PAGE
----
The White Paper's goal was to achieve 95% parody with comparison schools. Faculty salary improvements averaged 6.7% resulting in total compensation increase of 2.5% in comparison with the other institutions. With collaborative effort from the administration, the committee's first year goal has been achieved. The salary compression issue also improved in the first year of implementation. This issue is still being defined and will remain a high priority in future years.
Accurate salary and compensation amounts from comparison institutions are not currently available. The SBC will work with the senate's Ad Hoc Committee on Non-Tenure Track Instructional Faculty to obtain comparisons. Progress was made in implementing the basic principles establishing the 80% floor and making merit pay more transparent. Based on access, the administration and academic units are adhering to the guidelines set forth.
The upcoming years projections, assuming the state budget doesn't change, shows an average salary improvement of 5% for all instructional and administrative faculty beginning Jan 1, 2002.
When questions were invited, Senator David Conley, education, asked where the increase places the university relative to the 95% goal. Professor Frank responded last year the university was at 86% and is currently at 87% parity. The comparator schools are close to these numbers. Senator Marie Vitulli, mathematics, asked if these numbers included the most recent salary comparisons and if so, does this still reflect a gain. Professor Frank responded that from AAU and other sources accessed, this still reflects a gain. Provost Moseley added that the report was delayed due to inability to obtain final numbers from the comparative institutions reflecting the past years raises. The report will be distributed to every faculty member. Comments and questions are encouraged.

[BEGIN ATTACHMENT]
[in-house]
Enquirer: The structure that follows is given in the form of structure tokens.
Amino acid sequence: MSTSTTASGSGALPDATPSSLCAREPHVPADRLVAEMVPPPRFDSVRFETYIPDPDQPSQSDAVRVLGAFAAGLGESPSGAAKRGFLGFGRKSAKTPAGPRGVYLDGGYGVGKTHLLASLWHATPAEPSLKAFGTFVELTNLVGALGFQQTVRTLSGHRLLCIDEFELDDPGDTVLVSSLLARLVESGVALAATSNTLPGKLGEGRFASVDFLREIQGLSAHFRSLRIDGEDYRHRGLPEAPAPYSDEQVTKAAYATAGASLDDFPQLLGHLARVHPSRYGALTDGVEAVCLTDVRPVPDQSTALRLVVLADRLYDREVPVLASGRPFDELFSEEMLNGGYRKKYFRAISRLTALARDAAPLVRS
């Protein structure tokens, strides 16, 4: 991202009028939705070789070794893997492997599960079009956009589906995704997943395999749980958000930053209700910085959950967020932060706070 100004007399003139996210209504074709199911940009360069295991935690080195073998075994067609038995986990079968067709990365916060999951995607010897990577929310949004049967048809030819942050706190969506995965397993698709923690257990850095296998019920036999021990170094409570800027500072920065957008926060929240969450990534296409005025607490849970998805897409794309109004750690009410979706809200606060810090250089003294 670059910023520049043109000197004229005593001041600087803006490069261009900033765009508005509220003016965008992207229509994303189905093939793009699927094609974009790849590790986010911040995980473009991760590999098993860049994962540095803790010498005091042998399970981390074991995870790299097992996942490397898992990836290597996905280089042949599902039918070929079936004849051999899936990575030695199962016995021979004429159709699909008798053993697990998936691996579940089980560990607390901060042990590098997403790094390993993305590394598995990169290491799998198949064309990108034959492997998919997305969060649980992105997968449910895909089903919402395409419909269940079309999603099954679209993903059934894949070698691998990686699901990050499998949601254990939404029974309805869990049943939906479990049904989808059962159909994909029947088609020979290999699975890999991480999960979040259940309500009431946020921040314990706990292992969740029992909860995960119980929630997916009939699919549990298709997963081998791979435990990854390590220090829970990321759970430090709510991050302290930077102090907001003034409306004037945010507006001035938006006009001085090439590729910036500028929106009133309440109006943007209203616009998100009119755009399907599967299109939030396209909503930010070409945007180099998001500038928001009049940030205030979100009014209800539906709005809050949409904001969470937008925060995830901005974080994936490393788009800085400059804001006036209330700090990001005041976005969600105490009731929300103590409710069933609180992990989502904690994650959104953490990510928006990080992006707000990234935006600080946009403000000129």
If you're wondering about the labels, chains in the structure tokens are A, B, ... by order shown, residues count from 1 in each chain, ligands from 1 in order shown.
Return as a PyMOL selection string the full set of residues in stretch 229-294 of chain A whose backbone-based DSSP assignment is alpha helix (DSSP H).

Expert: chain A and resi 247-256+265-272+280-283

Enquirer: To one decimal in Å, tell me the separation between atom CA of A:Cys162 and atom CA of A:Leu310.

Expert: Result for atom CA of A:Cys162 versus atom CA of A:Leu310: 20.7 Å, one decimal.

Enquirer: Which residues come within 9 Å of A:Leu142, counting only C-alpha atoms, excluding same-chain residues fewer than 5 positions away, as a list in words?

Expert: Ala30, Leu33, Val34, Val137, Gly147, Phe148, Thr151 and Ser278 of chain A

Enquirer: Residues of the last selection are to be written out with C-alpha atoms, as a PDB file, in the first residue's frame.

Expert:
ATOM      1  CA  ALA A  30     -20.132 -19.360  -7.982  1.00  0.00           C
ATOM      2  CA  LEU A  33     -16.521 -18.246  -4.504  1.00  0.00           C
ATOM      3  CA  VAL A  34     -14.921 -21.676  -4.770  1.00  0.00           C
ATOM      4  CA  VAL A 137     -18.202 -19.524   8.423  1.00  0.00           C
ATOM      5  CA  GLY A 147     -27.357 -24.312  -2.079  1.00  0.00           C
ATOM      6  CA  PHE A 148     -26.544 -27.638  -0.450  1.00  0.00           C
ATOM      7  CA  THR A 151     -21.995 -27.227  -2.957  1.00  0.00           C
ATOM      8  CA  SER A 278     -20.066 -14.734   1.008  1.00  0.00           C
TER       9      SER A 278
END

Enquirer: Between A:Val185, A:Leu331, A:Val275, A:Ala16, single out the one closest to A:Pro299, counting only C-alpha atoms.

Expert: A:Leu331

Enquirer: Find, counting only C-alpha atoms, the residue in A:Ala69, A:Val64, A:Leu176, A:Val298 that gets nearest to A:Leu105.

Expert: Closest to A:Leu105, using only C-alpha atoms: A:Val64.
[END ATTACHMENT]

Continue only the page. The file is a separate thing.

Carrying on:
With no other questions or comments regarding the SBC report President Tubliz thanked the committee for their ongoing work and their report.